In Kabul clinic, Taliban and the soldiers they fought confront wounds of war

Kabul (Reuters) – Former Taliban fighter Mohammad Ishaq, who spent years battling Western troops and local forces in Afghanistan, lost his leg in combat and is now learning to walk with a new limb. Standing near him at a Kabul clinic is one of the soldiers he defeated.

In the Red Cross Hospital in Kabul, Ishaq spoke simply of the eight years he spent in Helmand, the southern province where some of the fiercest fighting of the war took place and where thousands of civilians and combatants were killed and maimed.

“For years we fought against the infidels and we defeated them and I was injured,” he said, wearing the traditional black turban worn by many Taliban during their 20-year insurgency.

That rebellion turned to conquest in August when the hardline Islamist militants advanced on Kabul and seized the capital. At the same time, the last foreign troops were withdrawing and what little resistance there was from local Afghan forces quickly wilted.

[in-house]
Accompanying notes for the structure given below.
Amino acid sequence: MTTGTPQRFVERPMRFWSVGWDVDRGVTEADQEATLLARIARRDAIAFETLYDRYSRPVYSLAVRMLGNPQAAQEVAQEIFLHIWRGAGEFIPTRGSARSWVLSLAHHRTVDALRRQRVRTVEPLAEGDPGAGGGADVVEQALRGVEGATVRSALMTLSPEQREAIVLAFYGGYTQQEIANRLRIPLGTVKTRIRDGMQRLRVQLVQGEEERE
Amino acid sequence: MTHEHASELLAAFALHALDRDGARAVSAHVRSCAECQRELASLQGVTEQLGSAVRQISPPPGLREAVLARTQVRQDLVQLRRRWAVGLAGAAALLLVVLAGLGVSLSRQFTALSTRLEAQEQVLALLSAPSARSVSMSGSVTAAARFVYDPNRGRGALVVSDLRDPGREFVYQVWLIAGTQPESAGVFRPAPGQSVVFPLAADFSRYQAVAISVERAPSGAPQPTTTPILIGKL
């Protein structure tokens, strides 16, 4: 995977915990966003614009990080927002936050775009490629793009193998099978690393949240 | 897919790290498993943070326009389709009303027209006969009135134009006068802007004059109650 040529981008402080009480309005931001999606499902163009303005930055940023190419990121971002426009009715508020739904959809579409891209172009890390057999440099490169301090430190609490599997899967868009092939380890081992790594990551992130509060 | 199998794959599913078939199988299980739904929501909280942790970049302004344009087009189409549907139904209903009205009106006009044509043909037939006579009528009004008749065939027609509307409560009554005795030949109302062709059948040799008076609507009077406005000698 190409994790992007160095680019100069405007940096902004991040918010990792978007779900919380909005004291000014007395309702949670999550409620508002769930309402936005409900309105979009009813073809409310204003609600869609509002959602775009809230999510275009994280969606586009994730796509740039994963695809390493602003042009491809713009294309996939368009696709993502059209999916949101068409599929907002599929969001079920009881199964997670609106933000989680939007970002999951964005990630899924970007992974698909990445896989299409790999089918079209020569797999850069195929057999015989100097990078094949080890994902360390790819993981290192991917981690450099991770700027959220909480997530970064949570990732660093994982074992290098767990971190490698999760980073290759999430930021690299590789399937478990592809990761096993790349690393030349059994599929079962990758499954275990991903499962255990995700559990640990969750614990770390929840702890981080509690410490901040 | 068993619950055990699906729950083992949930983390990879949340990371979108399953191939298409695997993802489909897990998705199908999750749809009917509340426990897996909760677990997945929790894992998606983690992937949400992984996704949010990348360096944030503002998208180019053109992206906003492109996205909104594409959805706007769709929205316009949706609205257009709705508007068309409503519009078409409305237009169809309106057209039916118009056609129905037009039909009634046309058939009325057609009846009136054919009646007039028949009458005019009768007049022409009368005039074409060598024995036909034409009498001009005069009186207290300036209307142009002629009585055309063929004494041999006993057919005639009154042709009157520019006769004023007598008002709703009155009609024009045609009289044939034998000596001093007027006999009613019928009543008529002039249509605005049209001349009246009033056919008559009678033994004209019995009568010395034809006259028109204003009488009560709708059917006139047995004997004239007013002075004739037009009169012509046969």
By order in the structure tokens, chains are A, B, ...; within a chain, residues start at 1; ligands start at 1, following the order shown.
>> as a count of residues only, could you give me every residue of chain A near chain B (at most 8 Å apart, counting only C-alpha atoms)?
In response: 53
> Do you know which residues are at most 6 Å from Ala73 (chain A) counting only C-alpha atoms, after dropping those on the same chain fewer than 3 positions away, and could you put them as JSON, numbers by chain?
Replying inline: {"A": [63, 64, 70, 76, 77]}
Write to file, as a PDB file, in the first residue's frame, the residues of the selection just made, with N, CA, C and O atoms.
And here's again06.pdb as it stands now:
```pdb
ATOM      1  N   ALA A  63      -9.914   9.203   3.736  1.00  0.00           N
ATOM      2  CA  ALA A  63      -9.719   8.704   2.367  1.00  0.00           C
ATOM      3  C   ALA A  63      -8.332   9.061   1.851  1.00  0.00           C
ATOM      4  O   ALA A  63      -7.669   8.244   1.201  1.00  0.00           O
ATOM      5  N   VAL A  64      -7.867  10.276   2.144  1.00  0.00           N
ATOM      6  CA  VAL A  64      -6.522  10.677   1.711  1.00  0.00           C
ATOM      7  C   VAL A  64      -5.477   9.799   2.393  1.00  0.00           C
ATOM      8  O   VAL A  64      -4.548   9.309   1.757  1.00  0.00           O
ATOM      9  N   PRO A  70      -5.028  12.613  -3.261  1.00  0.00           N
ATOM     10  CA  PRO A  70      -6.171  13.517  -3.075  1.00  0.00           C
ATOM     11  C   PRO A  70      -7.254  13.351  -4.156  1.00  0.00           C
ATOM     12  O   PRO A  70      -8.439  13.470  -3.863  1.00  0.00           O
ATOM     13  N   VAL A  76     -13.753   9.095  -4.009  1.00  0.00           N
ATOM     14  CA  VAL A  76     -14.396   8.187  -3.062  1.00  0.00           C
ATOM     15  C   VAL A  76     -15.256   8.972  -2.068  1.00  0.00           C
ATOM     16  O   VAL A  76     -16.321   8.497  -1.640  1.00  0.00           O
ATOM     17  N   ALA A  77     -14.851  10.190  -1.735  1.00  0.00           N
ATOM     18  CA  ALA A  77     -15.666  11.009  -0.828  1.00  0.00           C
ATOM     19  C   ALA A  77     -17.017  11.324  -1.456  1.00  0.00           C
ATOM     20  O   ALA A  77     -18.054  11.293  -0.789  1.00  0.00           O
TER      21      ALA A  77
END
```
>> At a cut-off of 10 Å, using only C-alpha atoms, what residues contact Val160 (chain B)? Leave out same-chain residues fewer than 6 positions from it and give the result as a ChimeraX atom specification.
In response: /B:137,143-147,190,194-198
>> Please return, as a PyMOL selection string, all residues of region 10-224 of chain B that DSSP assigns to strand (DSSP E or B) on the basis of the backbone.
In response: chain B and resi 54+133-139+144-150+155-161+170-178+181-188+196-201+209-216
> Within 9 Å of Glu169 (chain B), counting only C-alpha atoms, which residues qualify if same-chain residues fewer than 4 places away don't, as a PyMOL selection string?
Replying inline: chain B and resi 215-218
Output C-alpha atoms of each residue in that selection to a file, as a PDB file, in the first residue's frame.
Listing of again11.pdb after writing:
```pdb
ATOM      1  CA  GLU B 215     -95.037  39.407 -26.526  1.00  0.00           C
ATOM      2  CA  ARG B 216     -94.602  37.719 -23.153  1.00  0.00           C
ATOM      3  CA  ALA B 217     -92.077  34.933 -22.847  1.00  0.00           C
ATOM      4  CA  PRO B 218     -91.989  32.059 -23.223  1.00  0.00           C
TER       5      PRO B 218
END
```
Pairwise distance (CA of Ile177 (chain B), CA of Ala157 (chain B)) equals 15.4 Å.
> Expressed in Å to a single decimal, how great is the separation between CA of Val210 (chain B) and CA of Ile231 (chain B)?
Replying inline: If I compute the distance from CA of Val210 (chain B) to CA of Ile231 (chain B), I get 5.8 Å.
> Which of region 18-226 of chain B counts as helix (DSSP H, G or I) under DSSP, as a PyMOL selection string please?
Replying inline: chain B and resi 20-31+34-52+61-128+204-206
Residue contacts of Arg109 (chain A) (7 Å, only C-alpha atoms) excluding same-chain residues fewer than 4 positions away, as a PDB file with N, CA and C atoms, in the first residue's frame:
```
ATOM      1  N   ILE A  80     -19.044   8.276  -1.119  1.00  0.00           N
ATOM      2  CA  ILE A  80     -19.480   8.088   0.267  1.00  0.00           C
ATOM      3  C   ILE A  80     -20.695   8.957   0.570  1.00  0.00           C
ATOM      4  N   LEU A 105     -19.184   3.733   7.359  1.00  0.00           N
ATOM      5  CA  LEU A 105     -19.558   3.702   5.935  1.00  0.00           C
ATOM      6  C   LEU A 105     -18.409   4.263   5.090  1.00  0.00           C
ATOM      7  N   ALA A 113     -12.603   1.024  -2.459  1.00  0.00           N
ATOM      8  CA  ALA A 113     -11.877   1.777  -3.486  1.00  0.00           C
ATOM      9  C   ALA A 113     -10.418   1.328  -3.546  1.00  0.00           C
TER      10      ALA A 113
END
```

Ishaq waited as an instructor fitted a new artificial limb to replace the left leg he lost to a bullet wound, before striding across the long exercise hall watched by medical staff and patients from both sides of the conflict.

With Afghanistan in deep economic crisis and its health service in disarray, the Red Cross, with decades of experience treating the war’s victims, is one of the few centres that can supply prosthetic limbs.

“They help all people in need; whatever the people need they provide,” Ishaq said.

The staff are used to treating Taliban fighters, said Alberto Cairo, an Italian physiotherapist with three decades of experience in Afghanistan who leads the orthopaedic programme for the International Committee of the Red Cross (ICRC).

“There were Taliban coming here, but very few and secretly. Now they come very openly, so we have many, every day 10-15, they come for different reasons,” he said. “We help them like we help everybody.”